Theoretical terms without analytic truths

Philosophical Studies 160 (1):167-190 (2012)
Abstract
When new theoretical terms are introduced into scientific discourse, prevailing accounts imply, analytic or semantic truths come along with them, by way of either definitions or reference-fixing descriptions. But there appear to be few or no analytic truths in scientific theory, which suggests that the prevailing accounts are mistaken. This paper looks to research on the psychology of natural kind concepts to suggest a new account of the introduction of theoretical terms that avoids both definition and reference-fixing description. At the core of the account is a novel psychological process that I call introjection.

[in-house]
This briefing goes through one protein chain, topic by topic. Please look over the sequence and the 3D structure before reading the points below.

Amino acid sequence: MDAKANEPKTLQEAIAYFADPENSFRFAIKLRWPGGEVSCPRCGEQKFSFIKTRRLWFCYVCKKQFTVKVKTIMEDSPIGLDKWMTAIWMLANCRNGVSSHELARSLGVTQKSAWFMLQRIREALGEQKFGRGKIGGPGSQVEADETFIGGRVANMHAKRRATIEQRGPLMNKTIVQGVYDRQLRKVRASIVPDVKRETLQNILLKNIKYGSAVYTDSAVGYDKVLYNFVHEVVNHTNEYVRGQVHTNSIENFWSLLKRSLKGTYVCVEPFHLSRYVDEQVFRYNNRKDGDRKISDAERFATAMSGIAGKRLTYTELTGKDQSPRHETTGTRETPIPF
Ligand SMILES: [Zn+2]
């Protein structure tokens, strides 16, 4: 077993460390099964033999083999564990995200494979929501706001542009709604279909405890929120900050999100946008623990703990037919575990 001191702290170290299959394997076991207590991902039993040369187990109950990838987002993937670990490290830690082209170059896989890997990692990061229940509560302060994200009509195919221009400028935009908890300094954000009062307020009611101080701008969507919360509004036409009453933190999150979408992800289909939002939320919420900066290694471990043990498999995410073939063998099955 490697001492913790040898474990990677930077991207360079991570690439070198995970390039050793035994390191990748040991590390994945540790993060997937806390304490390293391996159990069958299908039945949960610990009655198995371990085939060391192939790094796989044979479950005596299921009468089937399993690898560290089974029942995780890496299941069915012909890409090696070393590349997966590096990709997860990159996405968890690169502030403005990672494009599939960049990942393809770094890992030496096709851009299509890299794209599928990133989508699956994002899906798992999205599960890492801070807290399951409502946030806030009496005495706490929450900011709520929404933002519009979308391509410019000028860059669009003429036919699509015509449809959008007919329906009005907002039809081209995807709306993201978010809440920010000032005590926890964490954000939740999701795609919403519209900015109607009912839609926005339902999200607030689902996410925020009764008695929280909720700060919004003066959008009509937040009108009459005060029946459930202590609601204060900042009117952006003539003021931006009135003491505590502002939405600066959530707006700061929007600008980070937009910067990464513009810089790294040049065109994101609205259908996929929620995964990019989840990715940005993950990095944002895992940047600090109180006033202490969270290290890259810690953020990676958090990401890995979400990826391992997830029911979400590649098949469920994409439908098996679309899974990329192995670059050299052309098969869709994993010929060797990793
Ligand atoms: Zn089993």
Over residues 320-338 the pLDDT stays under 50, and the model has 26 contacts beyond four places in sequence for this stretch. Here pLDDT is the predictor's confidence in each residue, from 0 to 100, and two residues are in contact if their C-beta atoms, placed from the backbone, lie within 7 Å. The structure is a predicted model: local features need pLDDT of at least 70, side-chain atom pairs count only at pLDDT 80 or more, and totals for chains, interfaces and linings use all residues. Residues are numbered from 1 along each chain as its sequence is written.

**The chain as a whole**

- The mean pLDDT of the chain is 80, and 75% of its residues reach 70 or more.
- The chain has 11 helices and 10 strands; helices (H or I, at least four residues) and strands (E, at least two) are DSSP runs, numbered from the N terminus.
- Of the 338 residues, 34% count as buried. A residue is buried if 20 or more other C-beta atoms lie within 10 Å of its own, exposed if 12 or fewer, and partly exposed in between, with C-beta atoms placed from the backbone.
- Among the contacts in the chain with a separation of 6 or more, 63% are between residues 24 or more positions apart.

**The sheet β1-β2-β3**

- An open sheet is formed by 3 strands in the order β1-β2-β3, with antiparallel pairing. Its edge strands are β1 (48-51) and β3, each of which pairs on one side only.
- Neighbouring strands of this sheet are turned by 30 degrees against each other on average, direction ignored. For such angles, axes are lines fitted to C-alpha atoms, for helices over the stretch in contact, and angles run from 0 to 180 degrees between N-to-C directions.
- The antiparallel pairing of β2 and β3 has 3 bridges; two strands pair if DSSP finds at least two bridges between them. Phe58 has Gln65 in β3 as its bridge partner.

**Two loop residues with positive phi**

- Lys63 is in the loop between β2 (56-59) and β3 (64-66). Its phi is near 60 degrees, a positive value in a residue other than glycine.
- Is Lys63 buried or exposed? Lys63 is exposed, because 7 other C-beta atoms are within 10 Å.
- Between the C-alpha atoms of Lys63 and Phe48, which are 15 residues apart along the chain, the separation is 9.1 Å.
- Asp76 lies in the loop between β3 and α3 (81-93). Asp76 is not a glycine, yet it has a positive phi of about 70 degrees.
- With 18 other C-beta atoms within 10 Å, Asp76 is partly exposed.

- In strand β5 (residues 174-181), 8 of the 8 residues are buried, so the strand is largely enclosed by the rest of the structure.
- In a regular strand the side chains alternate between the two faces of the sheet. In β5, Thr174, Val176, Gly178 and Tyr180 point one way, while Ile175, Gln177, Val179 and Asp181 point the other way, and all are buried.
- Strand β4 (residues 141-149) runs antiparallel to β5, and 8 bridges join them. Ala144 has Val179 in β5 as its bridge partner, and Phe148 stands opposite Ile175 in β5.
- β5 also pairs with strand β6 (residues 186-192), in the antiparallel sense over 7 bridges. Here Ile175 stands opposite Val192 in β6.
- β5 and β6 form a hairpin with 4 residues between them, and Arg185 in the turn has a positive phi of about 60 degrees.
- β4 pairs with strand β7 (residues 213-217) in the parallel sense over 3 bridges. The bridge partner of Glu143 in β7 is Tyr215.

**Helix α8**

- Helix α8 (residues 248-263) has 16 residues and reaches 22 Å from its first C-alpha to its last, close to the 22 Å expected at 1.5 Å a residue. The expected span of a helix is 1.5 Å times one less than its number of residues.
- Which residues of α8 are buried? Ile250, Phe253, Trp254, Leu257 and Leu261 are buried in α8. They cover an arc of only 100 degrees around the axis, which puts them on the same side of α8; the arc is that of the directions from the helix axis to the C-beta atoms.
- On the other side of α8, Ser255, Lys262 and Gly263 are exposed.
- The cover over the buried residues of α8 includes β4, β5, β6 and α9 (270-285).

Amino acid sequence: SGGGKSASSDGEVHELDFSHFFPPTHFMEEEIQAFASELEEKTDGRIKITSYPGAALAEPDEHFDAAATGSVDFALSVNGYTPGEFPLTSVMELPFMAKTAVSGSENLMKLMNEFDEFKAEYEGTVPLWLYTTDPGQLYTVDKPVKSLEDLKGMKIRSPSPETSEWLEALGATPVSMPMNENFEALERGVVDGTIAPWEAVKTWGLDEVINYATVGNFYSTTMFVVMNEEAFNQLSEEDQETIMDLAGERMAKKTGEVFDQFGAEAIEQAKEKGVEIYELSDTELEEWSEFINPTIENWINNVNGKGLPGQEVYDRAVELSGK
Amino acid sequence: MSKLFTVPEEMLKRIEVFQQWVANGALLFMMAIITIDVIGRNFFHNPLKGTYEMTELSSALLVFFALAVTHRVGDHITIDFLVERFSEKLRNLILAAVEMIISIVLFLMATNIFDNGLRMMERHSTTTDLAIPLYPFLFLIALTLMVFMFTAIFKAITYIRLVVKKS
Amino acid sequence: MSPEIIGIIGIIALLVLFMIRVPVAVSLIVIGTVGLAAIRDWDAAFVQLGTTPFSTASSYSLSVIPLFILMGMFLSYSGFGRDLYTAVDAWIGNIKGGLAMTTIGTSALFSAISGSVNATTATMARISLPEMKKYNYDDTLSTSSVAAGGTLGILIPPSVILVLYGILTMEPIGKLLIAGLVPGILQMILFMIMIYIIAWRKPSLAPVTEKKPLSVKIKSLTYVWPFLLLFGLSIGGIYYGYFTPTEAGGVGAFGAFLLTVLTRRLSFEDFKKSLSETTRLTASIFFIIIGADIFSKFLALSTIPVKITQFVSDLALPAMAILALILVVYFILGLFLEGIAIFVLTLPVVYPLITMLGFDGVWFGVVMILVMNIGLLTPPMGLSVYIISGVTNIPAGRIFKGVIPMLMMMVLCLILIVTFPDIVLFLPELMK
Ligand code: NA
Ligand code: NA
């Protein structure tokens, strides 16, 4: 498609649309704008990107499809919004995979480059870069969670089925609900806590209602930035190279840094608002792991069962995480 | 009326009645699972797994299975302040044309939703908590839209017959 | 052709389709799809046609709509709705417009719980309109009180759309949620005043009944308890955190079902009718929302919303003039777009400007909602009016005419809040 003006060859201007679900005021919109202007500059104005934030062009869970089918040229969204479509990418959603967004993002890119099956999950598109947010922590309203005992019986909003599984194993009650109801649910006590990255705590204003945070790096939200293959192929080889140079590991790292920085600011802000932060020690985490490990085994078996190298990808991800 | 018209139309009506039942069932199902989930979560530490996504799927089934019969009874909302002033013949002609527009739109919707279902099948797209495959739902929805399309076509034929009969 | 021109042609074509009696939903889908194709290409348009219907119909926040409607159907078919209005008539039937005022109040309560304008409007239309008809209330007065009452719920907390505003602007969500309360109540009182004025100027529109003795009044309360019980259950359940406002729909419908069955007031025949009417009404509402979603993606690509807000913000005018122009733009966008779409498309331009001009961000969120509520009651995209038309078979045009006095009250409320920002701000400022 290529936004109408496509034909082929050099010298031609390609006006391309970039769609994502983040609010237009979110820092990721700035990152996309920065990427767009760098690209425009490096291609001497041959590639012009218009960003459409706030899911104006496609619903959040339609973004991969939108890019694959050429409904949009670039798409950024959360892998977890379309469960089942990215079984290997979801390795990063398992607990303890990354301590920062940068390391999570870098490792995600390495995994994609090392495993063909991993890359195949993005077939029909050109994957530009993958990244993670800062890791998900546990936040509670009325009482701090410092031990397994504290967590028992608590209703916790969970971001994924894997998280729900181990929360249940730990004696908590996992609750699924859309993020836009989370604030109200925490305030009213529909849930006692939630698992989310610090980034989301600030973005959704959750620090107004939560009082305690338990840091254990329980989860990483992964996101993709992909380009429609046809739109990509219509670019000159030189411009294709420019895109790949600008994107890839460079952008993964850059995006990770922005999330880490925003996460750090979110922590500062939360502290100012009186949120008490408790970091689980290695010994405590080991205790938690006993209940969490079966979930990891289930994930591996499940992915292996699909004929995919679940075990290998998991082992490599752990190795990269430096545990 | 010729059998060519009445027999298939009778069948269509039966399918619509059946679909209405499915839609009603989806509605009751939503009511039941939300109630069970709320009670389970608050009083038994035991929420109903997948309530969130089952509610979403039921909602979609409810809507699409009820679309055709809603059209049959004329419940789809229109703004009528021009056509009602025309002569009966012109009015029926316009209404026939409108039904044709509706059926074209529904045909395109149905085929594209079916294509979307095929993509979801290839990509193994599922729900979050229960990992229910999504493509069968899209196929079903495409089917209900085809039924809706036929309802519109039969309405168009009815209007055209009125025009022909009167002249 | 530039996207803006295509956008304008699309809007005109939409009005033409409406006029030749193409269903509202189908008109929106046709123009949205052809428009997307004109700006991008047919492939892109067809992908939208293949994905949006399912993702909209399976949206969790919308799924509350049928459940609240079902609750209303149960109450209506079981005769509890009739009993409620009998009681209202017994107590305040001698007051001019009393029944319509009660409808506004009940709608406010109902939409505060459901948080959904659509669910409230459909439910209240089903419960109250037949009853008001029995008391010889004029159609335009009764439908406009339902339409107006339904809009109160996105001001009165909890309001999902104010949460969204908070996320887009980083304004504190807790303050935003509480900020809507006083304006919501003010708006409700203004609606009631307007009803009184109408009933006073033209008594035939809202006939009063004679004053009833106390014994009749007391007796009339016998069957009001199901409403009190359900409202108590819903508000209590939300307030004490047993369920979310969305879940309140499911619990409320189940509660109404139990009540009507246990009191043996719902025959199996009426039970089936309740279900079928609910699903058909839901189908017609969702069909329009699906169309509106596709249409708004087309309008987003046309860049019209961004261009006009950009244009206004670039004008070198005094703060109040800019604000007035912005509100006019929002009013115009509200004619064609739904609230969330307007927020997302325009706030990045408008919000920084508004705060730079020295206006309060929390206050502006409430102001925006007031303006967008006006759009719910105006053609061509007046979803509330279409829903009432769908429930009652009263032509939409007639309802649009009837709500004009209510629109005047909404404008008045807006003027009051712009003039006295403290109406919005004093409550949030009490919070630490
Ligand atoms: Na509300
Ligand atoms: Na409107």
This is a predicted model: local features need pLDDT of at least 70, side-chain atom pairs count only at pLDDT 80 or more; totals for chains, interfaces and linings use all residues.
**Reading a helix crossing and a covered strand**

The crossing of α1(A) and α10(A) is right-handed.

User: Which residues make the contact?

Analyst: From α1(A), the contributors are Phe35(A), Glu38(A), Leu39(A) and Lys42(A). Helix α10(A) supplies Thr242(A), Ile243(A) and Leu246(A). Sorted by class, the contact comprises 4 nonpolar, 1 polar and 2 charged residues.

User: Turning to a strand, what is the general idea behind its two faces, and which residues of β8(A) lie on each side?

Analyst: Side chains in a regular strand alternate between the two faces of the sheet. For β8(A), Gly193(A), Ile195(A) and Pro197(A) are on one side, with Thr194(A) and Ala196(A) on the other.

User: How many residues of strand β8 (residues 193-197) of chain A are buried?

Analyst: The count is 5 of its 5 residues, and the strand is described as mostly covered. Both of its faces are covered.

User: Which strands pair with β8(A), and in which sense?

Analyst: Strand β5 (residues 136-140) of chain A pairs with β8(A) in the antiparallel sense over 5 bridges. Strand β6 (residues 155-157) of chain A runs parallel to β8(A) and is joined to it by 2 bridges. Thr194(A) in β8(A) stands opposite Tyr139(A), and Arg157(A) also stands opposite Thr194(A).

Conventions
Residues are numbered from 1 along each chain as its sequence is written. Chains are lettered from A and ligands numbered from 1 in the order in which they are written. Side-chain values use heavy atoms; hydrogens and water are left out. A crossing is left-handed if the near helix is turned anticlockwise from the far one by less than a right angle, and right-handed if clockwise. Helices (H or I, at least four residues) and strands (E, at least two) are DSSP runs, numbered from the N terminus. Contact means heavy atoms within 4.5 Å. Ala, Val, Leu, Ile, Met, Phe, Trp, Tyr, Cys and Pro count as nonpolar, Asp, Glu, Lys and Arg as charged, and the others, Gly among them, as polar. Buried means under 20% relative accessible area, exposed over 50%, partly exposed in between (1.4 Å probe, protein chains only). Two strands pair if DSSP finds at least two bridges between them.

Keywords Theoretical terms  Analytic truth  Concept acquisition
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References found in this work BETA
Richard Boyd (1988). How to Be a Moral Realist. In G. Sayre-McCord (ed.), Essays on Moral Realism. Cornell University Press. 181-228.
Rudolf Carnap (1937). The Logical Syntax of Language. London, K. Paul, Trench, Trubner & Co., Ltd..

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